Fela’s diet is based on the biomedic approach to treating autism. It involved testing for food allergies and other digestive abnormalities and adjusting the diet to suit, along with vitamin and mineral supplementation. He was under the guidance of a nutritionist trained in this approach for more than two years, and below is a summary of the information she provided:
- Vegetables and fruits contain essential vitamins, minerals and phytonutrients to improve and maintain mental and physical health.
- Protein is needed to provide amino acids, which are the building blocks for neurotransmitters and many other key amino acids and proteins in the body.
- Fluctuations in blood sugar levels can cause irritability and difficulty concentrating, so aim for 3 meals and 3 snacks to keep blood sugar stable and prevent anxiety.
- Artificial colours and flavours can irritate some sensitive individuals, causing behavioural and other problems.
- Over the last several hundred years, wheat has been bred to greatly increase its gluten content. Gluten (in wheat, rye, barley and oats) are common food allergens, especially in children and adults with autism. Certain peptides from gluten and casein can bind to opioid receptors in the brain, and can have a potent effect on behaviour (like heroin or morphine), causing problems e.g. sleepiness, inattention/”zoning out”, and aggressive and self-injurious behaviour.
- Even small amounts, like a bite of a cookie, can cause allergic or opioid problems. Many foods have trace contamination with gluten, such as dusting French fries and raisins with wheat powder to keep them from sticking, so it can be difficult to avoid all contaminated foods.
- Commercial juices are “pasteurised” or heated to destroy bacteria, which also causes a loss of some nutrients.
- The RDA (Recommended Daily Allowance) or EAR (Estimated Average Requirement) is the minimum amount required to prevent disease but may be less than the amount needed for an individual’s optimal mental and physical health.
- Several studies have demonstrated that children with autism have substantial oxidative stress, suggesting either a low level of key antioxidants or an increased need for them.
- Some children with autism have low levels of beneficial bacteria, and high levels of harmful bacteria and yeast. The harmful bacteria and yeast produce toxins that can severely affect mental functioning and behaviour. Oral antibiotics often cause overgrowths of bad bacteria and yeast, and are suspected as the cause of many of the gut problems in autism.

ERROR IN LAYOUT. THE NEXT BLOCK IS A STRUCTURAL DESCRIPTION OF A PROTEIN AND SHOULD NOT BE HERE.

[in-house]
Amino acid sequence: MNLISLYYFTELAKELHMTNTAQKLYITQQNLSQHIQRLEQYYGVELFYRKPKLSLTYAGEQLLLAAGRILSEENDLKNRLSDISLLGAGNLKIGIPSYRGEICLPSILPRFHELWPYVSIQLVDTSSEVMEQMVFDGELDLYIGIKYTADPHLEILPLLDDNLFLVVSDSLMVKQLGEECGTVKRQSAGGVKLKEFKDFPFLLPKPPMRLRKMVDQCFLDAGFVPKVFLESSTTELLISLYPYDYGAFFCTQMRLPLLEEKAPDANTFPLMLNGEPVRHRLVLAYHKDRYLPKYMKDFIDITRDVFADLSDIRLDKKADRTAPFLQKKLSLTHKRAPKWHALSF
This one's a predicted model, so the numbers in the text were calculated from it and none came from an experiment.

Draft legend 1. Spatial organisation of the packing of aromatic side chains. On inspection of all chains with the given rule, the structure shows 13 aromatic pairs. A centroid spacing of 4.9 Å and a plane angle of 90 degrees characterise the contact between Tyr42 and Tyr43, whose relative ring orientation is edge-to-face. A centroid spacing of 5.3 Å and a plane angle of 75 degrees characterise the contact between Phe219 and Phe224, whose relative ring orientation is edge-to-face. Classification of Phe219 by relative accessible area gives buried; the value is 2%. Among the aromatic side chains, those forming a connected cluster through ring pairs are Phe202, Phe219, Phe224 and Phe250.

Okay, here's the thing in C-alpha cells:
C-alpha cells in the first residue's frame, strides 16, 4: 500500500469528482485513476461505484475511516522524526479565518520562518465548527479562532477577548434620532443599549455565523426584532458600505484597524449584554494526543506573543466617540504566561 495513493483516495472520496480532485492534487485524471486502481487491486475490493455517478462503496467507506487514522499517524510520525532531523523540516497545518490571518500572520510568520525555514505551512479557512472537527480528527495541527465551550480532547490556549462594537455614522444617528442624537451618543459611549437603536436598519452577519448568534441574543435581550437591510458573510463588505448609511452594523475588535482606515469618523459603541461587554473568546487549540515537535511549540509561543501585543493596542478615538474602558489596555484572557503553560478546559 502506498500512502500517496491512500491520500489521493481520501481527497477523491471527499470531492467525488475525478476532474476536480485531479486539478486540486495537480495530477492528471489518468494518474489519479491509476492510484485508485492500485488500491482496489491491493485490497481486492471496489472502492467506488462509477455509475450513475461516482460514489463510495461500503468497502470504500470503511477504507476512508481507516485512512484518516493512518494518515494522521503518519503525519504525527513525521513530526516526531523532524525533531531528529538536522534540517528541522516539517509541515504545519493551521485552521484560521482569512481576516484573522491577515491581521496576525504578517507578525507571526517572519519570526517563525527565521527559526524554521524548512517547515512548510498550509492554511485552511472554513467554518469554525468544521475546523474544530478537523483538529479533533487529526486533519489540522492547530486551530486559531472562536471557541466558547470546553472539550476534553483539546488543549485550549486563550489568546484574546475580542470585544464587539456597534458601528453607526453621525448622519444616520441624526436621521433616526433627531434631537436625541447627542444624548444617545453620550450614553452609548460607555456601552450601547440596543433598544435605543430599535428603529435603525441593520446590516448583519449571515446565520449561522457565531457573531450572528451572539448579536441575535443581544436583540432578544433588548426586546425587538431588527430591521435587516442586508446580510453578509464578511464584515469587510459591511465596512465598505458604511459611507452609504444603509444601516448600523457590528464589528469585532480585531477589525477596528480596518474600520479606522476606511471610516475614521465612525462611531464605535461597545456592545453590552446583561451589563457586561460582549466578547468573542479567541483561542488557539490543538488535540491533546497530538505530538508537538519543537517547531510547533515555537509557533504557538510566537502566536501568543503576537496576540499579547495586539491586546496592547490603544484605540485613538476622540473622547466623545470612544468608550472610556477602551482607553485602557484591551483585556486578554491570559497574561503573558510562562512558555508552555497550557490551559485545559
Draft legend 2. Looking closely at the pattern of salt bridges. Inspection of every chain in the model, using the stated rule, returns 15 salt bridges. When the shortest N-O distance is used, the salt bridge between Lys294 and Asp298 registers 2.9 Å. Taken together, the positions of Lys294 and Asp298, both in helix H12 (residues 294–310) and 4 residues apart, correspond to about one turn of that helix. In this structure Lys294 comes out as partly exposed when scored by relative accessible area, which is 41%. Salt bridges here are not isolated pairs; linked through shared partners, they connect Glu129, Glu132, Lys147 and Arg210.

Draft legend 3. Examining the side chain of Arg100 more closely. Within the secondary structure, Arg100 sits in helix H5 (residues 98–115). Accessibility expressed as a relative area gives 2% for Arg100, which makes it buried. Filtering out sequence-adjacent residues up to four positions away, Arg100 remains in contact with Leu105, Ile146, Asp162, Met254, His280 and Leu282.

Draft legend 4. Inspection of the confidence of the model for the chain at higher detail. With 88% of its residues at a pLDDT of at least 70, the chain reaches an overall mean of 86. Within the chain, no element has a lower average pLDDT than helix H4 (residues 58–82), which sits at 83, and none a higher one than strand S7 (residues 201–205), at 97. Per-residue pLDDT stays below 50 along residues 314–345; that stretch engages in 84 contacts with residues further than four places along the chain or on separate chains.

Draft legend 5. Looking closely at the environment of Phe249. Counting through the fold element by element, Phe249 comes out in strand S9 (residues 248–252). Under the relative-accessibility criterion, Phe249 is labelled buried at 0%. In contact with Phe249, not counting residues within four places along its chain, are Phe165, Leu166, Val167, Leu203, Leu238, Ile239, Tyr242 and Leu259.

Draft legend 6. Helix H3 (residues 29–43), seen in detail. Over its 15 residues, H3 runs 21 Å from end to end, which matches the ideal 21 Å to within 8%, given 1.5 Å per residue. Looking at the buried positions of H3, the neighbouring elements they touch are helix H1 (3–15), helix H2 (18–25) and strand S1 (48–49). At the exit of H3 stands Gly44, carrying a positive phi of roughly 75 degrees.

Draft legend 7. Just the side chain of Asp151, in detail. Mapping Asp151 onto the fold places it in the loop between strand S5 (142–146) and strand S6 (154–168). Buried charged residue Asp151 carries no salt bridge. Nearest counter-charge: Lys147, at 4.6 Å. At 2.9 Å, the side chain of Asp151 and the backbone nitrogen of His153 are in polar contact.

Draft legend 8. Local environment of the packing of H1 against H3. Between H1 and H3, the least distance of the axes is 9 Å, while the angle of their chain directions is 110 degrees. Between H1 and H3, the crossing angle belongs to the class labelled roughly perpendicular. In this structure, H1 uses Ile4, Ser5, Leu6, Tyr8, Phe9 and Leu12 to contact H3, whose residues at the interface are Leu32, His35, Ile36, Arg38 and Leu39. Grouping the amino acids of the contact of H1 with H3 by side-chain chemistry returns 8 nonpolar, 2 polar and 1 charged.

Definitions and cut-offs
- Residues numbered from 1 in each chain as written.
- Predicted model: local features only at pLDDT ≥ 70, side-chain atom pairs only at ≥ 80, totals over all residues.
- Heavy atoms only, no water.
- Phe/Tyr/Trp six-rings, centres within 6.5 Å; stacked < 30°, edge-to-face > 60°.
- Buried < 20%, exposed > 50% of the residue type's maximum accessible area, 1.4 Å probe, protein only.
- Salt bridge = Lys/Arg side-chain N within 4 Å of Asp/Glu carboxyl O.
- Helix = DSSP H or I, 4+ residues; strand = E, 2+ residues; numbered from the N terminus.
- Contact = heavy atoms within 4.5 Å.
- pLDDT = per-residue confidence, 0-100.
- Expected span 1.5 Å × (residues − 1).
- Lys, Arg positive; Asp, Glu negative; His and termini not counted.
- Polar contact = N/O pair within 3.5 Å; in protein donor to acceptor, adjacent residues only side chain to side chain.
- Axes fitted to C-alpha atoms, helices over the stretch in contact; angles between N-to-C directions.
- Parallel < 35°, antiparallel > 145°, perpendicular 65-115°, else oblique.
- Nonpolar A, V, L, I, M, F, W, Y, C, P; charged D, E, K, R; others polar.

- Sulphate is used for many functions in the body including detoxification, maintaining the lining of the gut, and hormone production. Some people with autism have a low level of sulphate in their bodies. This can be restored through Epsom salt baths and creams.
Fela was diagnosed as intolerant of gluten, dairy/casein, and is on a low sugar, artificial additive free diet.
On the whole Fela prefers spicy flavours and crunchy textures.
Deep fried foods are to be avoided, and shallow frying is to be kept to a minimum.
A steamer would be ideal to help retain as much of the nutritional content of his food. Due to limitations of storage space in the kitchen, a steamer which can be inserted in a pan, would be preferable and may need to be sourced online.
Preferably keep nuts unsalted and raw with a few exceptions e.g. slightly roasted and salted pistachios from ALDI.
Fruit: pears, apples and bananas are the staple fruit but mix it up since Fela enjoys a variety e.g. grapes, melons, pineapple, bananas, plums, mangoes etc. All his fruit can be sourced from ALDI and more exotic ones e.g. watermelon, tamarinds, lychees from FRESHWAYS.